Buoyed by speculation concerning test results of the drug Virazole among AIDS patients, Viratek Inc. continued its dramatic climb last week to hit a new all-time high of $37.75 a share in extremely heavy volume.
Closing Friday at $37.50 a share, up $7.75 for the week, more than 571,500 shares of Viratek, or 16.4% of its outstanding shares, changed hands. Friday's close was up an even $1 from Thursday.
Officials of ICN Pharmaceuticals Inc., which owns a majority stake in the Costa Mesa drug maker, say there is no news coming out of the company to explain Viratek's strong performance.
At the opposite end of the spectrum, Comprehensive Care Corp. hit a new 12-month low Friday amid news that the company expects to post its first yearly earnings decline and has laid off workers for the first time in its 13-year history.
In volume of 884,800 shares traded, CompCare slid to a low of $13.50 on Friday before rebounding slightly to finish the week at $13.75 a share, off $1.75 for the week. Traded over the counter, more than 5% of CompCare's outstanding shares changed hands last week.
The Irvine-based provider of drug- and alcohol-abuse treatment programs said this week that net earnings for fiscal 1986, which ends May 31, will be off 10% from last year's net earnings of $17.2 million.
Meanwhile, earnings and investment prospects may be looking up for semiconductor makers. As the industry begins to emerge from a long-running slump, one company likely to post a strong rebound is Silicon Systems Inc., suggests technology analyst Jay Vleeschhouwer of the Los Angeles investment firm of Cantor, Fitzgerald & Co.
In a research report released this month, Vleeschhouwer upgraded his "hold" recommendation to one that suggests that investors "buy on weakness," essentially at under $16.375 a share. Now selling in the mid-$16-a-share range, off slightly from $17 a share a week ago, Silicon Systems currently is an "attractive buy" now, he told The Times.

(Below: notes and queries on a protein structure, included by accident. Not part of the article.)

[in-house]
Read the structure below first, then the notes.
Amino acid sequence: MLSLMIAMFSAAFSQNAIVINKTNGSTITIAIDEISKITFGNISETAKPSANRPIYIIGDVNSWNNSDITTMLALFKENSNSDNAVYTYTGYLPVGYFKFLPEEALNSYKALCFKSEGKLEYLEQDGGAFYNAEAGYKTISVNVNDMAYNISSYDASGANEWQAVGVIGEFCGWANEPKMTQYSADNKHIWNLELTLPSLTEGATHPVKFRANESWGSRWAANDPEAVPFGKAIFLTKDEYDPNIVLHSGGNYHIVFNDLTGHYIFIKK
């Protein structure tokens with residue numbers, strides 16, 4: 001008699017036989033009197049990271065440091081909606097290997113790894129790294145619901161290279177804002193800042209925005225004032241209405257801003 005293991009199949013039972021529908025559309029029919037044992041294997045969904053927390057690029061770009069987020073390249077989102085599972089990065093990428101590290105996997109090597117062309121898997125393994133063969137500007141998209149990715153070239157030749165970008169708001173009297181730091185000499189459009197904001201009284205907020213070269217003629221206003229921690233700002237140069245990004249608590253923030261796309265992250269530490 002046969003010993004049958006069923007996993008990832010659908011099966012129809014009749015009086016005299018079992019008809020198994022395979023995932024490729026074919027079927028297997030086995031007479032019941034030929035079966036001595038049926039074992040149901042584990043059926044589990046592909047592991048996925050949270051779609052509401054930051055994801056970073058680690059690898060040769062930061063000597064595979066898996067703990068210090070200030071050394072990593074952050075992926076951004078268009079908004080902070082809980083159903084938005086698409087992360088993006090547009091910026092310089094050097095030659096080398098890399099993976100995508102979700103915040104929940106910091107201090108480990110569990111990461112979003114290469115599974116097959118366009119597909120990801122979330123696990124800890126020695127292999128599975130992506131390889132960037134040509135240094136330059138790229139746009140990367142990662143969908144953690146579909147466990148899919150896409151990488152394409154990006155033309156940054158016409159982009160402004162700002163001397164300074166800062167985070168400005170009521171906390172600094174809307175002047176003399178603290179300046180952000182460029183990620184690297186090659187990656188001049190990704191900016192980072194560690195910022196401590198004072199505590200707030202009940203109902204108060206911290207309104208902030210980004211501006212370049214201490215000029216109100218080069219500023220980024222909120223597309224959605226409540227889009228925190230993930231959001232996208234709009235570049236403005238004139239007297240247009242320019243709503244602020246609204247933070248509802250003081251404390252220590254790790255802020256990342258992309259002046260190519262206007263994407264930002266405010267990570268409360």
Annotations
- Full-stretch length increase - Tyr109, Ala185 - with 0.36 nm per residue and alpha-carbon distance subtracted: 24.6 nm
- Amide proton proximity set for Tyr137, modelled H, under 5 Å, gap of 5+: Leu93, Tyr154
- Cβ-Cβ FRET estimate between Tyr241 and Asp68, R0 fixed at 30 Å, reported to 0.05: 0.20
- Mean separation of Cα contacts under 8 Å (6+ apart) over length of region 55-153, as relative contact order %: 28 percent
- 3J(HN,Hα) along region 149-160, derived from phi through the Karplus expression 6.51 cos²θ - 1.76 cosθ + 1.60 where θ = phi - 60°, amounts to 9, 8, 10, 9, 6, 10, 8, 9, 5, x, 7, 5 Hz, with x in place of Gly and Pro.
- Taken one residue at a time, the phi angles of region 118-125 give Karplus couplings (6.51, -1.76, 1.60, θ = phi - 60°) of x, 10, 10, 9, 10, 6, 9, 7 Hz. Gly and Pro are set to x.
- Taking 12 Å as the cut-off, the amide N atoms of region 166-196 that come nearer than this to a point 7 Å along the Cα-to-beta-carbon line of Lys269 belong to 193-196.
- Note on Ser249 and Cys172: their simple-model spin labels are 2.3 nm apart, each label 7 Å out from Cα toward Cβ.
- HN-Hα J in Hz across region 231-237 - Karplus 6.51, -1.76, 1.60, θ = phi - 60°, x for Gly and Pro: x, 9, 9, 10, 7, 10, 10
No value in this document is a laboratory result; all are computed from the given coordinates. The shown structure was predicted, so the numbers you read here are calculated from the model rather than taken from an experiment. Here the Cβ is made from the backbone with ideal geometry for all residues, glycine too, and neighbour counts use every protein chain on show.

Although the Tustin chip-maker reported lower net earnings of $105,000 for the fiscal second-quarter ended March 29, off 87% from $822,000 a year before, Vleeschhouwer said the return to profitability from the first-quarter loss came one quarter sooner than he had expected. Vleeschhouwer had expected the company to lose at least 12 cents a share, or about $800,000 in the quarter.
Earnings to 9 Cents a Share
The current quarter should be more even more encouraging, Vleeschhouwer said, with third-quarter net earnings likely to range between 6 and 9 cents per share, or $398,000 to $597,000. This contrasts with net earnings of 4 cents per share, or $261,000 a year ago.
Revenues for the quarter, he estimates, will total about $18 million, up 62% from $11.1 million last year.
For all of 1986, Silicon Systems is likely to "break even, give or take a few cents," Vleeschhouwer said, stressing that the earnings will be flat because "the second half of the year will be as profitable as the first half was unprofitable."
Fueling the recovery for Silicon Systems--as with many of the larger chip-makers--are strong orders from computer disk-drive manufacturers. About two-thirds of the company's business comes from that segment of the industry, Vleeschhouwer said.
Orders Viewed as Soft
Still, orders from the telecommunications industry are soft and after the pummeling chip-makers have taken, cautious investors should keep an eye trained on disk-drive makers and telecommunications firms, Vleeschhouwer said.
But a sustained rebound for the semiconductor industry would be especially good for Silicon Systems, which Vleeschhouwer believes will gain in market value because of its strong sales to the disk-drive makers.
"I think the stock will outperform the whole group as long as the recovery continues," he said. "They are servicing a portion of the industry that will be growing faster than the rest of the semiconductor industry."